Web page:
The new crew then found themselves working on the third Winnie the Pooh featurette, Winnie the Pooh and Tigger Too! Another delightful entry in the series, though perhaps not as strong as the previous two shorts, it was a serviceable effort and a job well done. Disney then took the three shorts, had the crew animate additional footage, and strung it all together into what they passed off as a new feature-length film: The Many Adventures of Winnie the Pooh. Released in spring 1977, Disney to this day keeps saying that Walt always wanted it done that way. That’s actually untrue.
Walt abandoned the feature-length Winnie the Pooh film in the early 1960s, realizing that A. A. Milne’s bedtime stories couldn’t be stretched to a roughly 75-minute film, so he opted to make shorts, he never had any intentions to make three shorts and then combine them into a feature later on down the road. The first featurette – Winnie the Pooh and the Honey Tree – was completed and released ten months before his passing. Winnie the Pooh and the Blustery Day was started when Walt was still alive so it has his touch, and it was completed and released in 1968. Tigger Too! didn’t appear until 1974, and was conceived long after 1968.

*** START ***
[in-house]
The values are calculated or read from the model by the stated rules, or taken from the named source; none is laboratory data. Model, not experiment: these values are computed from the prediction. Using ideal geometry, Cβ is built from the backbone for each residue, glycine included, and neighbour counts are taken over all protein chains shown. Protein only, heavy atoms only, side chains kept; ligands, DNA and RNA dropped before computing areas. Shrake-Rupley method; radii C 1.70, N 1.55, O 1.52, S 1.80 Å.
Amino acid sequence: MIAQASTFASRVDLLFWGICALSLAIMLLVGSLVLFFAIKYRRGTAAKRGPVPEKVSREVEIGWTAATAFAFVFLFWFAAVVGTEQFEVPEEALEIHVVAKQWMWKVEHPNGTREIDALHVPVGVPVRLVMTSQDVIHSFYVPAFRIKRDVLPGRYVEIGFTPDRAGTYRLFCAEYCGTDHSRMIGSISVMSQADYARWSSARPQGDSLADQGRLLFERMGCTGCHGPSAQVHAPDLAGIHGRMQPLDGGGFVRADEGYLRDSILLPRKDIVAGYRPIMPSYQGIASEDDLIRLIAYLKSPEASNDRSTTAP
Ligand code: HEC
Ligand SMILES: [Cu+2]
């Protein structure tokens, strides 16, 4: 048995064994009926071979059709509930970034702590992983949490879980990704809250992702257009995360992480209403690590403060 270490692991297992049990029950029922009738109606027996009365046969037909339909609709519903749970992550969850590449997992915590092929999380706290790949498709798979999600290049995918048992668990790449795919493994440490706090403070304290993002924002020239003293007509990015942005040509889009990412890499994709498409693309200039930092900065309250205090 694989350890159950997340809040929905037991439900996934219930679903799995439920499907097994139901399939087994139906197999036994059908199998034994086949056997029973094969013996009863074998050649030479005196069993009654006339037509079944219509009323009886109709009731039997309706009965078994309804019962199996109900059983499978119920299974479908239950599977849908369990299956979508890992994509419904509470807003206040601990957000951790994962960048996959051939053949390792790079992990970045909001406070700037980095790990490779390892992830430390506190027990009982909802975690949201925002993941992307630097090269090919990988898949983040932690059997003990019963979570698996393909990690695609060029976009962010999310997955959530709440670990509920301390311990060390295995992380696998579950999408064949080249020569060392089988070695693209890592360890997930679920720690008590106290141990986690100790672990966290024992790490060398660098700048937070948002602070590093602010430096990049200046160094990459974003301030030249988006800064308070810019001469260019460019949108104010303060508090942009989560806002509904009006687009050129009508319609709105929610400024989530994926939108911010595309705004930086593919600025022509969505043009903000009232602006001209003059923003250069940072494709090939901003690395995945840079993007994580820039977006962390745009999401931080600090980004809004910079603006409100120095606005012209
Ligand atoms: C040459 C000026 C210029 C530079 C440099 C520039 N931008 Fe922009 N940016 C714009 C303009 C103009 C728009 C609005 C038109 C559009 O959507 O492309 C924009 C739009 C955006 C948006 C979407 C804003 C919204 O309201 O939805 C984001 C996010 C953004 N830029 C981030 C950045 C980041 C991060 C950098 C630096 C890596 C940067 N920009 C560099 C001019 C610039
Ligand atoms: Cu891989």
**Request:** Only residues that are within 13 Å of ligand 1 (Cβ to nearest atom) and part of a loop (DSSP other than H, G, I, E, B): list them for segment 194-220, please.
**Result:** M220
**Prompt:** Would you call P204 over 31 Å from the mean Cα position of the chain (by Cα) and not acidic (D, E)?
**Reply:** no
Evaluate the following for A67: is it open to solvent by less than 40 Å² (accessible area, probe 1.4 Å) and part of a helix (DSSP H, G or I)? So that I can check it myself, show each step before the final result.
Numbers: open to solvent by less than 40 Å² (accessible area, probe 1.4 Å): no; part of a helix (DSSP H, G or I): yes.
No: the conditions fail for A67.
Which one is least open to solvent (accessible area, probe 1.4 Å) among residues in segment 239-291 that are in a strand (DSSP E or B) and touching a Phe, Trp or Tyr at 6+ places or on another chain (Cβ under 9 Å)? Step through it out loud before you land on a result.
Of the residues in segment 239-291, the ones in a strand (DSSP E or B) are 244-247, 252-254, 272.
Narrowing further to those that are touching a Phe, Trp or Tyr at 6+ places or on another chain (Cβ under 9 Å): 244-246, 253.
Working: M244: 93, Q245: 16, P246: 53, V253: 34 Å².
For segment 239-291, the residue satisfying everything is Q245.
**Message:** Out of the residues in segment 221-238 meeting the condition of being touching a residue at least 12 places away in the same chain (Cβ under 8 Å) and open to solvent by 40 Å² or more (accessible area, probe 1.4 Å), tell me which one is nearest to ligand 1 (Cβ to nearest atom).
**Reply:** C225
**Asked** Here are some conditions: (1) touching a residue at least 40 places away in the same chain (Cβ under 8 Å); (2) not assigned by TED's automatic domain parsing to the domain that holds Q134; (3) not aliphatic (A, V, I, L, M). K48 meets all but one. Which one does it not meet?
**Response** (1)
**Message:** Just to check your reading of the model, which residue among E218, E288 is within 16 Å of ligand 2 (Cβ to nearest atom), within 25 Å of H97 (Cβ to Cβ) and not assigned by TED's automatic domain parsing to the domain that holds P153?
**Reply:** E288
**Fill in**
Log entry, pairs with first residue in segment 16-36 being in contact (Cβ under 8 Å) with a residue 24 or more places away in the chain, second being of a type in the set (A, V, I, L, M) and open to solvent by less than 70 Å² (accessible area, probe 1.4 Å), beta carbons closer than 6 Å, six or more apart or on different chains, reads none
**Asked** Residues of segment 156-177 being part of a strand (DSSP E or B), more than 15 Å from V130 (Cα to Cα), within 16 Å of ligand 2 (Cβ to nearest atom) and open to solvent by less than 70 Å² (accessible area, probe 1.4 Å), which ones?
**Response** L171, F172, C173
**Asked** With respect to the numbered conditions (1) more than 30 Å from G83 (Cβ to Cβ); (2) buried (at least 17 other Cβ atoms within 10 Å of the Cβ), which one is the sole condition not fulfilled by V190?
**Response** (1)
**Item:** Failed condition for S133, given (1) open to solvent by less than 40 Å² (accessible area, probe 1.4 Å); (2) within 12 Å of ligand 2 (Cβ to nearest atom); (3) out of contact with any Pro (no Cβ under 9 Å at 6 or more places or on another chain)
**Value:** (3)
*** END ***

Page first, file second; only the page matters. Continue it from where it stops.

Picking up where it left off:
Anyways, it was a good way to get some extra money before the completion of the next big animated feature…
Walt Disney and his crew had looked into adapting Marjory Sharp’s mice stories Miss Bianca and The Rescuers in the early 1960s, but Walt ultimately dropped the project because of the political overtones that the totalitarian story – adapted from the first, more adult-oriented book – came with. In the early 1970s, the project came back and instead the studio would work off of the sequel books. Like many a Disney animated project, it had changed directions over the course of its four-year journey to the big screen. Don Bluth would come to spearhead a lot of the project, which was being turned into a return to form. A return to the bigger budget, bigger scale picture that Disney Animation couldn’t bring with the scaled-down Aristocats and Robin Hood.